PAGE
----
Wednesday, September 20, 2006

" it's our turn to help Daddy."

(thanks to BINDI Irwin has taken centre-stage at Steve Irwin's memorial service, calling the Crocodile Hunter "the best daddy in the world".
Thousands of fans cheered the eight-year-old's appearance at the family's
Australia Zoo today as Bindi's mother Terri and brother Bob, two, looked on.
"My daddy was my hero, he was always there when I needed him," she said.
"He had an important job.
"I don't want daddy's passion to ever end. I had the best daddy in the whole word and I will miss him every day.
"Daddy made this place his whole life."
Earlier Steve's father Bob said: "On behalf of Terri, Bindi and Bob, and my two girls Mandy and Joy, I would like to thank all of you for your kind thoughts, letters, flowers and sympathy. "Please don't grieve for Steve, he's at peace now. But I would like you to grieve for the animals. The animals have lost the best friend they had, and so have I."
Celebrities and dignitaries, including Prime Minister John Howard, lined up to pay their own tributes at a service beamed live to millions of fans across Australia and around the world.
Russell Crowe appeared on a TV screen to deliver his own message to "my friend Steve". "I know, as humble as you are, you would still be pleased that the world sends its love," he said.
Mr Howard said: "We are here to celebrate the life of a remarkable man and a remarkable Australian. "Steve Irwin touched the hearts of Australians and touched the hearts of millions around the world in a very special way." He said he had the quality of being genuine and authentic and having a great zest for life. "As we share this celebration and honour this life can I say to Terri and the rest of your family, there are 20 million pairs of Australian arms reaching out to you today." Australian music star John Williamson sang True Blue, the
Crocodile Hunter's favourite song, earning a standing ovation from the crowd.
There were also tributes from Anthony Field of The Wiggles, actor Hugh Jackman, singer Justin Timberlake, Environment Minister Ian Campbell and actress Cameron Diaz, as Terri watched with son Bob on her knee and Bindi by her side.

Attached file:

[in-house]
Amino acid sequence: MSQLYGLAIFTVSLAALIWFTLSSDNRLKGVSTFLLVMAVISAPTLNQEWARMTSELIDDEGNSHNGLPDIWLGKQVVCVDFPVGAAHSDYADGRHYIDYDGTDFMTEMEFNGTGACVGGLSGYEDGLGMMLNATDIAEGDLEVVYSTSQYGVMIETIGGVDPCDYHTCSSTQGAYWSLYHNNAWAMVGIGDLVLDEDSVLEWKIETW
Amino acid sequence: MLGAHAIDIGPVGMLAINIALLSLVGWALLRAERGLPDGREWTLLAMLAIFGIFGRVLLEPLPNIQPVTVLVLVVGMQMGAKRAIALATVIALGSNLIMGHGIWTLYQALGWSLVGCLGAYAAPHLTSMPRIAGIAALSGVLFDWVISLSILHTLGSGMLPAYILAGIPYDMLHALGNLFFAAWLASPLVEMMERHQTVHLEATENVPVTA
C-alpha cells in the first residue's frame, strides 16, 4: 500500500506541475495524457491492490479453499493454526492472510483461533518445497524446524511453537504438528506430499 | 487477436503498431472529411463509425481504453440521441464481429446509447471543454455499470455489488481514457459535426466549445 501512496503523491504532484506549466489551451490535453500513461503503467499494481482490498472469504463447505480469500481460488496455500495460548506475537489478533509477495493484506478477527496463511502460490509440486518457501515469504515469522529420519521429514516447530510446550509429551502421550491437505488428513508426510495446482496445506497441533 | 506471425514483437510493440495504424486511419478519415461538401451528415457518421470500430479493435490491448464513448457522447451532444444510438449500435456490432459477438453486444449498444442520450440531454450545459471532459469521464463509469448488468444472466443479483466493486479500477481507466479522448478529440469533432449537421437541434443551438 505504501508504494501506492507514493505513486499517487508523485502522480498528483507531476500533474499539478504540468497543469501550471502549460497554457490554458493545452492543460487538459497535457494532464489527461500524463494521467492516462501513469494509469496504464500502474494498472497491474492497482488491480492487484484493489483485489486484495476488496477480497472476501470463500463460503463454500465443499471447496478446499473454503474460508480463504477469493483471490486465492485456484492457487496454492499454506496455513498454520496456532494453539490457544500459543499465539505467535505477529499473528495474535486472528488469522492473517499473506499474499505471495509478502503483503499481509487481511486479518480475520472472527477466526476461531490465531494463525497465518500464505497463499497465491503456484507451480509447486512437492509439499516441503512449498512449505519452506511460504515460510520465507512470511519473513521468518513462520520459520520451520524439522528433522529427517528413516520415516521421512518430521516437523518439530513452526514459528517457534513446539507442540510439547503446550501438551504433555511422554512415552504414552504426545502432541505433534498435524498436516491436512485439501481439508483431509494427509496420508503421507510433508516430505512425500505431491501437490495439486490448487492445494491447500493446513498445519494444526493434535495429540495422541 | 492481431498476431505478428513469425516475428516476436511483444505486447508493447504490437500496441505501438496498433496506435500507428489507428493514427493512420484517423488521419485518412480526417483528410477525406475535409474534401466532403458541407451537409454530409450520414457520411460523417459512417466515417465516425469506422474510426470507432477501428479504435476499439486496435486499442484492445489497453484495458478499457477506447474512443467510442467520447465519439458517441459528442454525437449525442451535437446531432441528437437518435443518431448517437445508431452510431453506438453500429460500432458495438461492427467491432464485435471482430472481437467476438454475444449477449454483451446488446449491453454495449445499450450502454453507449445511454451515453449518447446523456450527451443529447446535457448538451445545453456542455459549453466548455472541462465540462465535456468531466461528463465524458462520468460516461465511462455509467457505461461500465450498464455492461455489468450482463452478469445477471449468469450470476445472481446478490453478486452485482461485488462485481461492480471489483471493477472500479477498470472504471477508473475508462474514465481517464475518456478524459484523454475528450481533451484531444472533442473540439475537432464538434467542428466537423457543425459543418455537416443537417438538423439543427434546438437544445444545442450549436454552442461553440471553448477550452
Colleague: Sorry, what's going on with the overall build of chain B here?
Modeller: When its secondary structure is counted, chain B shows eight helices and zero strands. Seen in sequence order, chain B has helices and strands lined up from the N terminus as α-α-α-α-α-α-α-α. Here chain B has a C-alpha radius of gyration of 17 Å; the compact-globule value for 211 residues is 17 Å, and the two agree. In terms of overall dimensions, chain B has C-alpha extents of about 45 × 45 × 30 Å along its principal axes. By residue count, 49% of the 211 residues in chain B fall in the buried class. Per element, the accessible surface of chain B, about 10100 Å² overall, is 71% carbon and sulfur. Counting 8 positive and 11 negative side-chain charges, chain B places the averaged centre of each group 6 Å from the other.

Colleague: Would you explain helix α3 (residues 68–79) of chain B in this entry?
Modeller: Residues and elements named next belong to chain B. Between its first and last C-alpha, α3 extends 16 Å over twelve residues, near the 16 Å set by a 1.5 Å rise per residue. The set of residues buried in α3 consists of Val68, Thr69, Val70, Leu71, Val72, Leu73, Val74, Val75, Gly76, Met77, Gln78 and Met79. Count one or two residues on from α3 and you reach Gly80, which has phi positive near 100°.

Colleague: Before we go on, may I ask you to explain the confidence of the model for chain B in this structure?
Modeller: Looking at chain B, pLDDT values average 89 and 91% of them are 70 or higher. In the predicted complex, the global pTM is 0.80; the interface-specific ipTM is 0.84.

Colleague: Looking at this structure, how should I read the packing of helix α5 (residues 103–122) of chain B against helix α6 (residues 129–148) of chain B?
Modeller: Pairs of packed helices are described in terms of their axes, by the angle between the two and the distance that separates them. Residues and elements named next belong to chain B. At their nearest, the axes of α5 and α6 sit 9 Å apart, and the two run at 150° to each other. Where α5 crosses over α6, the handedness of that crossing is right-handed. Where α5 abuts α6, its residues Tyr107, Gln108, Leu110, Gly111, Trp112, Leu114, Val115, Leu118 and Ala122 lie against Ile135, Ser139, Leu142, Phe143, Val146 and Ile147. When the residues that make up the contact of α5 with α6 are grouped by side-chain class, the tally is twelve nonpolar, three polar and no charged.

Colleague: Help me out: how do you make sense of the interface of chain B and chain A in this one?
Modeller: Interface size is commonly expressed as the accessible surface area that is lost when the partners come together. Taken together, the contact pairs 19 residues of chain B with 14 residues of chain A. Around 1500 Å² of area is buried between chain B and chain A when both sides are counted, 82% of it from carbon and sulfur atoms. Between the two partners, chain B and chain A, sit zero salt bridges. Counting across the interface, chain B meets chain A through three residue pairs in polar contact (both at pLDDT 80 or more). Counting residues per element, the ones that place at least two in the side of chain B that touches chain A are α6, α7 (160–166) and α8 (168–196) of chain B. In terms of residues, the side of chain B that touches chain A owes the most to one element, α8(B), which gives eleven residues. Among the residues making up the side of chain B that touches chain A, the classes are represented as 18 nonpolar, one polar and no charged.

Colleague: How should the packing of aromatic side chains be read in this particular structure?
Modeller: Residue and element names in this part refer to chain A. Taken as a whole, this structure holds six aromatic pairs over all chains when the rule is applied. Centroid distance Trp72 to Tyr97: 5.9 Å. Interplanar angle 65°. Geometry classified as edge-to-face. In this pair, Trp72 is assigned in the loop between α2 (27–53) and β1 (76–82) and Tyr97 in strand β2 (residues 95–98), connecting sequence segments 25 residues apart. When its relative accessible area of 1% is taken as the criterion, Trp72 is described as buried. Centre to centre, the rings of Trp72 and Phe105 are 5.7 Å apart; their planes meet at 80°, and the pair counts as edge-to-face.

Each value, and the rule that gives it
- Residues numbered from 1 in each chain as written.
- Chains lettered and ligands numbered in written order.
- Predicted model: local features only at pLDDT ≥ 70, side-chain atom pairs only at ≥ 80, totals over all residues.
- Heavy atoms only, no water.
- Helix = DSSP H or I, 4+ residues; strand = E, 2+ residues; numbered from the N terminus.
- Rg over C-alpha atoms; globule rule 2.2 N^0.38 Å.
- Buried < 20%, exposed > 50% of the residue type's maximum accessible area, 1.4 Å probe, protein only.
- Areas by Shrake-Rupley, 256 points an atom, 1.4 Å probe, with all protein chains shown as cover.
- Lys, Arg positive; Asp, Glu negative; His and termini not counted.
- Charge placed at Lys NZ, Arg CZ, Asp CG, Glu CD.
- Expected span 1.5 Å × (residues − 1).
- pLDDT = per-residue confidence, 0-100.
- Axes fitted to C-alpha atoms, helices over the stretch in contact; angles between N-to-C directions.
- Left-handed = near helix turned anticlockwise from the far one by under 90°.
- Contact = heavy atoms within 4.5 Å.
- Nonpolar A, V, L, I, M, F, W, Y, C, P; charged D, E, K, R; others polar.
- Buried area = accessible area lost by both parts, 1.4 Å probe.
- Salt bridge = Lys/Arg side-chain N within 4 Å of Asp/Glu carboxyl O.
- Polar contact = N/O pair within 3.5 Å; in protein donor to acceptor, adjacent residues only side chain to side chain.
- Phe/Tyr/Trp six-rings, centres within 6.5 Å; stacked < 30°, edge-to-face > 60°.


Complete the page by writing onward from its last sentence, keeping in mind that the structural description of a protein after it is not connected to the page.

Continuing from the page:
"People were just taken by him, they were just inspired and in awe of his energy and how he actually went about putting himself forward and what he represented," Diaz said.
"Every kid was in love with the idea of being able to be him."
US TV host Larry King said he had interviewed Irwin, who was killed by a stingray two weeks ago, to impress his own children. "To Steve's wife Terri, my sincere condolences, to his kids - Bindi, Bob - your dad was a great man."
Wes Mannion, the director of Australia Zoo, broke down in tears as he tried to honour his mate.
"His love and passion for wildlife was so enveloping that I found it hard to breathe," he said. "Over time, we continued to grow closer and closer and shared so many exciting times." He said Irwin was a great dad: "His love and dedication has been inspiring. He was a true natural.
"To the world he was a hero. To me he was my hero. He saved my life. I'll miss you mate." The numerous tributes were mixed with footage of Irwin in his element, handling and teaching about some of the world's most dangerous creatures.
Best friend and business manager John Stainton introduced out-takes from Steve's shows.
At one stage, zoo workers laid out yellow flowers to spell out Steve's catchphrase "Crikey".
A single, empty seat has been left in the zoo's Crocoseum in memory of the much-loved environmentalist and TV star.
It was marked with the wildlife warrior's favourite Australia Zoo cap.


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